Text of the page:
The “chopping-and-changing” was not limited to the players – it befell on the coaches once too. Eight months after sacking Roelant Oltmans as the men’s team coach, the management once again made another change. Former Women’s team coach Sjoerd Marijne, who took over the coaching duties from Oltmans, was sent back to his previous duties, and Harendra Singh was given the reigns as the head coach of the men’s team. The change came just after India failed to grab a medal at the CWG, losing the bronze medal match against England.

Former India coach and captain Vasudevan Baskaran reckons that frequent axing of coaches will not make a difference if the players do not improve their game. “When we start reading the game, we will step up the ladder. Just simply blaming the coaches is not fair when you continue to keep the same players in the team who are not performing up to the mark. When the same, repeated mistakes are made by the players, the coach should not be the first one to axe,” he said in an interview to IndianExpress.com.

Another plot this year revolved around the captain’s armband. In six tournaments, this year, India saw the captain’s armband being transferred around thrice. In the aftermath of CWG, goalkeeper PR Sreejesh was handed the captaincy, instead of Manpreet. Later, after the Asian Games debacle, in which Sreejesh was criticised for his performance, the captaincy again went back to Manpreet for the World Cup. Like Sardar pointed out, the “core group” saw several changes this year as well.

Despite making so many squad revamps, frequent management changes and replacements of guards, the story in 2018 for Indian hockey remained the same. By the time the year draws to a close, the fans, critics and the sport governing body are left wondering where it went wrong.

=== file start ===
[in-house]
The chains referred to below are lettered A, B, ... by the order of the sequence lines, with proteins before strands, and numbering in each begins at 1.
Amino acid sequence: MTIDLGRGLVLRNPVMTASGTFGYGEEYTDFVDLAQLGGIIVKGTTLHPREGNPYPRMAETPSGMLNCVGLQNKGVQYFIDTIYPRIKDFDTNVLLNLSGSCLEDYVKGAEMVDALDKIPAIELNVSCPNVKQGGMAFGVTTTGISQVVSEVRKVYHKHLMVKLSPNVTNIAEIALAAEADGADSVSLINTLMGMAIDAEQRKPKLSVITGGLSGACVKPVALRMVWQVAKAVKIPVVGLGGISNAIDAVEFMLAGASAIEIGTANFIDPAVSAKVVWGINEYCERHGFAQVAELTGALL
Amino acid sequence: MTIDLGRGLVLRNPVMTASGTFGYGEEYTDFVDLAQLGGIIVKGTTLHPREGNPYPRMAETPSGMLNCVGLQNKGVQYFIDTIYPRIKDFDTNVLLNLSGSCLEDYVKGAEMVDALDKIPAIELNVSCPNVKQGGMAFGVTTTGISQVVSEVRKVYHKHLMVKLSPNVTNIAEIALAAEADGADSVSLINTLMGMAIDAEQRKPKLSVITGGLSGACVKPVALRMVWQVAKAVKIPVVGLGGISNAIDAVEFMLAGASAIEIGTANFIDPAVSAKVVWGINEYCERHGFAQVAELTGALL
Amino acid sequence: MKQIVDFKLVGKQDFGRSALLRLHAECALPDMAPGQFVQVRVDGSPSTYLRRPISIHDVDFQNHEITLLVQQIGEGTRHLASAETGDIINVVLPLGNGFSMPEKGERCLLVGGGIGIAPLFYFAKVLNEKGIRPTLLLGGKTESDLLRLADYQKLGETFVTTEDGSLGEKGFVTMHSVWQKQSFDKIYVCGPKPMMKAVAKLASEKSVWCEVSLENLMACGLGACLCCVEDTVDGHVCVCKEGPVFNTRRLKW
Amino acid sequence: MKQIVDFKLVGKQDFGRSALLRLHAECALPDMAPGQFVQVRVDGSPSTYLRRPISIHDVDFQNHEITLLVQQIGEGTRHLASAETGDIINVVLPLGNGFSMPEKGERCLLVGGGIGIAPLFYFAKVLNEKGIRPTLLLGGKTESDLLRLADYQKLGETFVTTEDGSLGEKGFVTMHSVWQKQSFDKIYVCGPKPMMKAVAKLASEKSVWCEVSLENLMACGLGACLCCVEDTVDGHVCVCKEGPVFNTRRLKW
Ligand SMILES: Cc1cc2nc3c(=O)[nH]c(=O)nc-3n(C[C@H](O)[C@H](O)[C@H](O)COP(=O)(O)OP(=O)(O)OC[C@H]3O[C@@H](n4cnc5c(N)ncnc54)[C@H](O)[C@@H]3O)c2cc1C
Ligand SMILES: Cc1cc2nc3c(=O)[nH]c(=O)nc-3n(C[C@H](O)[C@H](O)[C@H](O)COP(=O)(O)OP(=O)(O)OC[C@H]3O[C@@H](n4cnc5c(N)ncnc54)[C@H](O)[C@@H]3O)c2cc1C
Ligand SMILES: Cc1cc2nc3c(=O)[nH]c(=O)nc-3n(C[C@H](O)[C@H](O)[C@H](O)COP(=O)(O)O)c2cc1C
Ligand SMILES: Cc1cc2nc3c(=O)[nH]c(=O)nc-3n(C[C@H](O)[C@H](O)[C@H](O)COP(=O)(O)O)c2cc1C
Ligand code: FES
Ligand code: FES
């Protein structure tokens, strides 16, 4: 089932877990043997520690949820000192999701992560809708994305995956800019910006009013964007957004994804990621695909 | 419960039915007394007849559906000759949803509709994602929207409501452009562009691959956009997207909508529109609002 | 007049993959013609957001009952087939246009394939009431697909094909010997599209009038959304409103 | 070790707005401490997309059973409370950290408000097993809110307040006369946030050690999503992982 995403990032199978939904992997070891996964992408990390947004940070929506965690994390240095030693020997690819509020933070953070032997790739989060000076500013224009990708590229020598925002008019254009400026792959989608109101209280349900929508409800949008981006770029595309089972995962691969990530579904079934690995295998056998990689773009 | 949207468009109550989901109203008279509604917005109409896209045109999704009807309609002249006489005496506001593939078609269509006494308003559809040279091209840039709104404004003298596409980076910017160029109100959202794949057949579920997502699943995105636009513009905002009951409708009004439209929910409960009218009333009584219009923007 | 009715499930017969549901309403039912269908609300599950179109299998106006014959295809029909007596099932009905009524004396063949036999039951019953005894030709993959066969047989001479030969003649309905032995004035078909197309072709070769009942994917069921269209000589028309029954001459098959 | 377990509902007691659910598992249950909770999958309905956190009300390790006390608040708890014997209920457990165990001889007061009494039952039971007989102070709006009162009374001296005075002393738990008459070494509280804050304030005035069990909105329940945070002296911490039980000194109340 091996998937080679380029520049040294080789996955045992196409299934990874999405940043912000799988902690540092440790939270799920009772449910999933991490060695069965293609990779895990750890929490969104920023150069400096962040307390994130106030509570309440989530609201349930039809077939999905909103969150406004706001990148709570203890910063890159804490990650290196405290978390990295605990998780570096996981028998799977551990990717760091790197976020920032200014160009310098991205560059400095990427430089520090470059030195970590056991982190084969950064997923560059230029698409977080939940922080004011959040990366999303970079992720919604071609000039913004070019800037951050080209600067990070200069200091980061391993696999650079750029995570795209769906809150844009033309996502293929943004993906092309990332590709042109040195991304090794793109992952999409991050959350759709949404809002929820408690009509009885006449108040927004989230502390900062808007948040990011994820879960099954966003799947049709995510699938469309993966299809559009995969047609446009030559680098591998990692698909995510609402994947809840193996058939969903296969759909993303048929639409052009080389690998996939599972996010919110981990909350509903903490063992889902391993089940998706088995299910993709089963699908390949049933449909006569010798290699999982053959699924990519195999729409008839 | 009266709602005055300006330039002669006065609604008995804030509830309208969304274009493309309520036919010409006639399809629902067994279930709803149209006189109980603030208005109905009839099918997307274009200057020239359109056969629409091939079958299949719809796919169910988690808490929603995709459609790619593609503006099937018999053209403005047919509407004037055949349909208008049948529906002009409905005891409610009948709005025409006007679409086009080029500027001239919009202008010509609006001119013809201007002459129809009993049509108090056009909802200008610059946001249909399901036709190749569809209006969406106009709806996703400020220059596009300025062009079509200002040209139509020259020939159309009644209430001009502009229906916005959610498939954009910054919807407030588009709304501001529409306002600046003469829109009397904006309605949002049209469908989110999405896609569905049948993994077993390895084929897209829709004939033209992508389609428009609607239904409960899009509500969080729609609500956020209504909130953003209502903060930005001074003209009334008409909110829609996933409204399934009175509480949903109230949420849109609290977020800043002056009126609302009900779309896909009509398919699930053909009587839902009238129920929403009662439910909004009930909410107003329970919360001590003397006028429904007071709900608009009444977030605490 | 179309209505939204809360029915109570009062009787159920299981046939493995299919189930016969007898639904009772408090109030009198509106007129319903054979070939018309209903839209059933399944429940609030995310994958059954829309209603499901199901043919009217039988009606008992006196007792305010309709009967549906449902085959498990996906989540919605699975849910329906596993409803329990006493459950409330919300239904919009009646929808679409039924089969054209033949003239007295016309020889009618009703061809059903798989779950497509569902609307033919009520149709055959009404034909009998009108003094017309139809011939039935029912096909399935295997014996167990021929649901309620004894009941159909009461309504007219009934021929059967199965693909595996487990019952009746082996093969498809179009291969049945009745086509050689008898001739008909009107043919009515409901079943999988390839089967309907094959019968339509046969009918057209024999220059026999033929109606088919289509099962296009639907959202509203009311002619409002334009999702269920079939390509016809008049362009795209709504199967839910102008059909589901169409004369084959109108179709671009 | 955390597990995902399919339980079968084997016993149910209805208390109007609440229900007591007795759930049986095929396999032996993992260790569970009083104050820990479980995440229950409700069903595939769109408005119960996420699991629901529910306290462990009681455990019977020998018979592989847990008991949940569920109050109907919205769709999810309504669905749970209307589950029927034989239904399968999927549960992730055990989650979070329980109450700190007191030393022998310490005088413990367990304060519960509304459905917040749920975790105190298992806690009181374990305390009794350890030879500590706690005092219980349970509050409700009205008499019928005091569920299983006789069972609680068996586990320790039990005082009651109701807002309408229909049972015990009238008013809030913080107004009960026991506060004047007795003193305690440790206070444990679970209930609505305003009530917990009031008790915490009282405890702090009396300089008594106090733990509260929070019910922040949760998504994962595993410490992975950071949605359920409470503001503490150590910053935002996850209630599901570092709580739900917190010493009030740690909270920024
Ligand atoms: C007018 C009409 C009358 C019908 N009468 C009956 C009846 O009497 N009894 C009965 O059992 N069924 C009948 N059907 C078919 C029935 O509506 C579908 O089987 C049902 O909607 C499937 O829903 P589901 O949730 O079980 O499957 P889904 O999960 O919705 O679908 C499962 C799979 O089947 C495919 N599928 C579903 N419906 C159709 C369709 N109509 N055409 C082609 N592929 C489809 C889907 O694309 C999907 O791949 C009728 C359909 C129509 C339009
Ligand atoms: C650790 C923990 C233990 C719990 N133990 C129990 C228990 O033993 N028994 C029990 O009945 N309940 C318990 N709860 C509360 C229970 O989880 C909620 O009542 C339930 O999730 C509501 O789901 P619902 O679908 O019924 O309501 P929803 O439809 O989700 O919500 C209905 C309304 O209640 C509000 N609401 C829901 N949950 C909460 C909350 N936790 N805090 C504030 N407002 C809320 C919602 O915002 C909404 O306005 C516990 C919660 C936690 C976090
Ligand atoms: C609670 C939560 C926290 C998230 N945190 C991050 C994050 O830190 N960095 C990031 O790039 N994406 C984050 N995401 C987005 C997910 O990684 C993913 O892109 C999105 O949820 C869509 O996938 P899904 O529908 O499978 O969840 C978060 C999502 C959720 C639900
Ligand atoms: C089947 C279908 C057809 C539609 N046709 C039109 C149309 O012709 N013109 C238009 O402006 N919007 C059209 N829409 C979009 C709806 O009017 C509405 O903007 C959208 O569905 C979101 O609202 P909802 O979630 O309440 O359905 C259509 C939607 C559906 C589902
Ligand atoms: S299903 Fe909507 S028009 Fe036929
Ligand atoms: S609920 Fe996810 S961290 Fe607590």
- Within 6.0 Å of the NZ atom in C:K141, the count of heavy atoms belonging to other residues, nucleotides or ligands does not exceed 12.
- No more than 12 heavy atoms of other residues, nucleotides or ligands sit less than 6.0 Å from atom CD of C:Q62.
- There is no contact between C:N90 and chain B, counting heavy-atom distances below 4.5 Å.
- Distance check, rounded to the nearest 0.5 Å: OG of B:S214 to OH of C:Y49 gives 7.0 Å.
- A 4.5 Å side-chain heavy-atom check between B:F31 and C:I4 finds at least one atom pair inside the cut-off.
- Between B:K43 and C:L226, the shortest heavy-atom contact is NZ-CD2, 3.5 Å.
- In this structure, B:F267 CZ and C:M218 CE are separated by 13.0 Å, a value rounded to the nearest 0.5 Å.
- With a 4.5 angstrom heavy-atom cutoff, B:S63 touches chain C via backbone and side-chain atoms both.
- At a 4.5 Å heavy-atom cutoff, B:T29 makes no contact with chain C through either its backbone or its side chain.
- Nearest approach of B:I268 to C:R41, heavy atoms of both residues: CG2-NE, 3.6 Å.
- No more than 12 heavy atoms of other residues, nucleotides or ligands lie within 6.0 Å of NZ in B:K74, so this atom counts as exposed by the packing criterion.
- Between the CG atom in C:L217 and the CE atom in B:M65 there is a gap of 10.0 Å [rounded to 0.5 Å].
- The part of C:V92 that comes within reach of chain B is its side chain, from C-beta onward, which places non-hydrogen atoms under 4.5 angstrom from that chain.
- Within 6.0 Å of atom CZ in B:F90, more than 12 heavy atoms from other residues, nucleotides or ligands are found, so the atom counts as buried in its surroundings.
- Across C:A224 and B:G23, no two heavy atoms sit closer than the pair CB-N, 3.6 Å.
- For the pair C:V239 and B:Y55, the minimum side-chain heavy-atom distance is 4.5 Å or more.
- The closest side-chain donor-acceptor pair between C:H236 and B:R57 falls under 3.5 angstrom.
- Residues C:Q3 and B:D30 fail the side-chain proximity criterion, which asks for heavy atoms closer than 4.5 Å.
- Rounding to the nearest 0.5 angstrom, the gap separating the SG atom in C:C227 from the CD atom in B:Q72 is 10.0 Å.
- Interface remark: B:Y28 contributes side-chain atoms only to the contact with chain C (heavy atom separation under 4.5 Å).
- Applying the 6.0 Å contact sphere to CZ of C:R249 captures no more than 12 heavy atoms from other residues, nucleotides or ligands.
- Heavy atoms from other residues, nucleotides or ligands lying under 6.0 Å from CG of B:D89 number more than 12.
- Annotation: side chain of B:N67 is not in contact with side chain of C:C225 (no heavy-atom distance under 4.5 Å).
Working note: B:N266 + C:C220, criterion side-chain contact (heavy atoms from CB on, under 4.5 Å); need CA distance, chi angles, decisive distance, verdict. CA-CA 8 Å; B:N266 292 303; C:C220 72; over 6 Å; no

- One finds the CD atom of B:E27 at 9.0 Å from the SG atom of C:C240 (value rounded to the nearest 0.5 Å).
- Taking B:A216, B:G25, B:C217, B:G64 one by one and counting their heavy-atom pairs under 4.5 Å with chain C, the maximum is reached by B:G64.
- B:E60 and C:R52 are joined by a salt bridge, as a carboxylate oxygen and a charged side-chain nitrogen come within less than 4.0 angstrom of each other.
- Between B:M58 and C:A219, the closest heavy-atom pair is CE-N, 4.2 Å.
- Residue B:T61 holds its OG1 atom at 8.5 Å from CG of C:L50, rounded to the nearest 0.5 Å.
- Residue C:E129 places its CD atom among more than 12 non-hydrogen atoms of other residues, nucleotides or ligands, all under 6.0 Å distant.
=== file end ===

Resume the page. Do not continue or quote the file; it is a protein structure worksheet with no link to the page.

India struck bronze in World League, gold in Asia Cup under Manpreet Singh’s captaincy. (Source: Hockey India)

Baskaran thinks the fault lies with India’s inability to adapt during the play, especially against the big teams: “The problem is that the players are unable to adapt to situations. When you have played so many games, then there should be no need to tell a player what he should do – by now he should be able to read the opponents. You have played the big oppositions 3-4 times in the year. When is the team going to learn to win? Blaming the coach is not fair when there is no improvements in performance from the players.”

He further adds that the youngsters brought in as replacements into the team were not up to the mark. “Our players underperformed against the big teams. I blamed the entire composition of the team. When you provide opportunities to the youngsters, they should come forward to take the responsibilities,” he said.

A look at India’s record in the 2018 against the higher-ranked teams, and a recap of India’s quarterfinals defeat against the Dutch shows that the World Cup winner is correct in his assessment. Apart from defeating Argentina at Champions Trophy, India have not defeated any higher ranked team this year.

Against the Netherlands, which was touted to be India’s best chance to reach the World Cup semifinal, with the home advantage, coach Harendra’s unit failed to react when the Oranje started pushing deep inside their own half. Instead of trying to return to possession, and push outside their half, the forward line came far too backwards to defend, and were unable to move forward when Simranjeet Singh and Manpreet tried to stitch counter attacks.

The finish at sixth place in the World Cup left many question marks still surrounding the future of the sport in the country in the coming year. But for now, the fans will hope that India could script a new storyline in 2019 with another different chapter.